The US is out of Afghanistan, but the war on terror isn't over

Ian Bremmer shares his insights on global politics this week with a look at Afghanistan post-US withdrawal, how ISIS-K will complicate a Taliban-led Afghanistan, and EU travel recommendations.

What are your thoughts now that America's 20-year war in Afghanistan has officially ended?

Ongoing, it means much less coverage of Afghanistan in American media, something certainly President Biden is happy to hear and see. In part, we're going to continue to watch what happens with the couple of hundred Americans that are still on the ground. There is every intention to get them out, but I wouldn't say there is yet a plan.


And that is going to require a coordination of reliance with the Taliban government that is hardly experienced and hardly trustworthy. And then finally, the ongoing question of how the United States deals with ISIS-K, other organizations on the ground that are looking to kill Americans if they can. The war on terror is certainly not over, even though the war in Afghanistan for American soldiers is done. Those are a few views. I could go on for hours on this.

Who is ISIS-K? How do they complicate a Taliban-led Afghanistan?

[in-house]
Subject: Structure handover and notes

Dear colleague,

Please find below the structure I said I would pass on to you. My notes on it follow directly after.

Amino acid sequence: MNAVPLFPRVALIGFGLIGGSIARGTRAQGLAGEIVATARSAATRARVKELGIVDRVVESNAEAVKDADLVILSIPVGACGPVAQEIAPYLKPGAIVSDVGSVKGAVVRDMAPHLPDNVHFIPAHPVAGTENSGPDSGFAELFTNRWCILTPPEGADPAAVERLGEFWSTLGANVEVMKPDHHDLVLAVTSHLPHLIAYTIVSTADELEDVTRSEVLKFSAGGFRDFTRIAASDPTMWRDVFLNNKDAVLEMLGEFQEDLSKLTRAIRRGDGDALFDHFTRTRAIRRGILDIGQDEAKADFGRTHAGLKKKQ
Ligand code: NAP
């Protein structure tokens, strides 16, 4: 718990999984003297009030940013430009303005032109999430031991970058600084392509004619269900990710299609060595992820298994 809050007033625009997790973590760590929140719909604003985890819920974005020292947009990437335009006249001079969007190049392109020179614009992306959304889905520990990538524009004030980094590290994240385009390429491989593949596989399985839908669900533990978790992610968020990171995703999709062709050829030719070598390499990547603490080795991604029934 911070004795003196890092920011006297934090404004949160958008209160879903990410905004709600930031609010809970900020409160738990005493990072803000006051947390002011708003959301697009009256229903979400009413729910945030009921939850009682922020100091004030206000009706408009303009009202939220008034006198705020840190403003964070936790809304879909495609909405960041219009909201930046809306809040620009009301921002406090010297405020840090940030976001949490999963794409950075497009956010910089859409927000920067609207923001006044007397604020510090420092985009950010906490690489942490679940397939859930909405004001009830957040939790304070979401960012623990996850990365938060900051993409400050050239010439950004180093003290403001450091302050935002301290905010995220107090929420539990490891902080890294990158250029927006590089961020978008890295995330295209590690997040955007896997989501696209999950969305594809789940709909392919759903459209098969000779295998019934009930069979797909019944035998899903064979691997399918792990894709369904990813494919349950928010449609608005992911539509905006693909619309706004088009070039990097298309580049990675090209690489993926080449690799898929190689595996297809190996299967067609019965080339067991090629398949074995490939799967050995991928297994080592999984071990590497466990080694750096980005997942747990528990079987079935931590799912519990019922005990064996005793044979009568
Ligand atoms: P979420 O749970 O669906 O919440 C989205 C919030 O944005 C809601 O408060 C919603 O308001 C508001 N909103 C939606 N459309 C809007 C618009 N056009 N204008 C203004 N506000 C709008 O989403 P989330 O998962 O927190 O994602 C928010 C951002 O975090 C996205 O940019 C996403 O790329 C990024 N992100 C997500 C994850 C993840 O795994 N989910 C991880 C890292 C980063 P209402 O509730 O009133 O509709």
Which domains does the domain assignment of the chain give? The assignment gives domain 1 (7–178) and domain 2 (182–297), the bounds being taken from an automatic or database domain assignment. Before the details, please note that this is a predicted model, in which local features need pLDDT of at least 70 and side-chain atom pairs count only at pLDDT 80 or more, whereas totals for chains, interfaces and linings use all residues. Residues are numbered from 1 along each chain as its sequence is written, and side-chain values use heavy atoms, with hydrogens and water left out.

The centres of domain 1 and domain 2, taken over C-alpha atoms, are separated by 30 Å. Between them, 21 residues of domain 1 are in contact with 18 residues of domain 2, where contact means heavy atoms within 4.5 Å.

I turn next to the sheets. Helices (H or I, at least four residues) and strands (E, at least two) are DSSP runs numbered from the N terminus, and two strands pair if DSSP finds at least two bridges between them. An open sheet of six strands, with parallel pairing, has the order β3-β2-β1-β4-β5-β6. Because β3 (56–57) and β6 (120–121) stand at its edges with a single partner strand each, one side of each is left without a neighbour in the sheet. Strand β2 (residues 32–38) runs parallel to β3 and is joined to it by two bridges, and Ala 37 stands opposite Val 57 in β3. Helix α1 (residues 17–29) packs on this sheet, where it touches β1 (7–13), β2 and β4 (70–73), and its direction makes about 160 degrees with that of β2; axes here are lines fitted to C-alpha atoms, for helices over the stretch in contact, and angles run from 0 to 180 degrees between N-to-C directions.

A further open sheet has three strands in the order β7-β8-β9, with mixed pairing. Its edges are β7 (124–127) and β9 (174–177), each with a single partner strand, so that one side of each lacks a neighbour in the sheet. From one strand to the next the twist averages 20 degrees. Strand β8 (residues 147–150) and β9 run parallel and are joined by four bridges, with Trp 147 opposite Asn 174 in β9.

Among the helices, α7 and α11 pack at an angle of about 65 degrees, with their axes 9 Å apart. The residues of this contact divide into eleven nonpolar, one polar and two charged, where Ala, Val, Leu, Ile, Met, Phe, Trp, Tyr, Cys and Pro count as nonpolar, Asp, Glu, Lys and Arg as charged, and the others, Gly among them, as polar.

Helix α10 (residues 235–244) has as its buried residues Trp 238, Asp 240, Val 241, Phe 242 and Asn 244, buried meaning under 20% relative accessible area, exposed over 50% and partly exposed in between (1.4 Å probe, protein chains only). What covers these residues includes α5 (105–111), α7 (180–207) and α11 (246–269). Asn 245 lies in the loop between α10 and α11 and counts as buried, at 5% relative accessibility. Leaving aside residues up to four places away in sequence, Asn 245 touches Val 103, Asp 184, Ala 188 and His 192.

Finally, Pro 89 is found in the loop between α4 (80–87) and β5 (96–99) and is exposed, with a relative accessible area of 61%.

Well, they are Sunni extremists with a mandate, if you will, to attack the Taliban, a mandate to attack the West. I think what's going to happen is you're going to have a Taliban government with an ISIS-K insurgency. The Pentagon is saying they estimate some 5,000 ISIS-K fighters on the ground right now. Certainly, the US still has capacity in terms of signals intelligence, satellite imagery, and some level of intel in conversations on the ground with Taliban that would allow the Americans to continue to engage in a fight against them, but that's very different from having boots on the ground and an embassy, which has now closed. So, it's going to be a challenge, much bigger a problem for the Afghans, of course, then for the Americans, a bigger problem for the Europeans than for the Americans, part of the reason why Biden administration wanted to end the war.

Why is the EU proposing travel restrictions on US visitors again?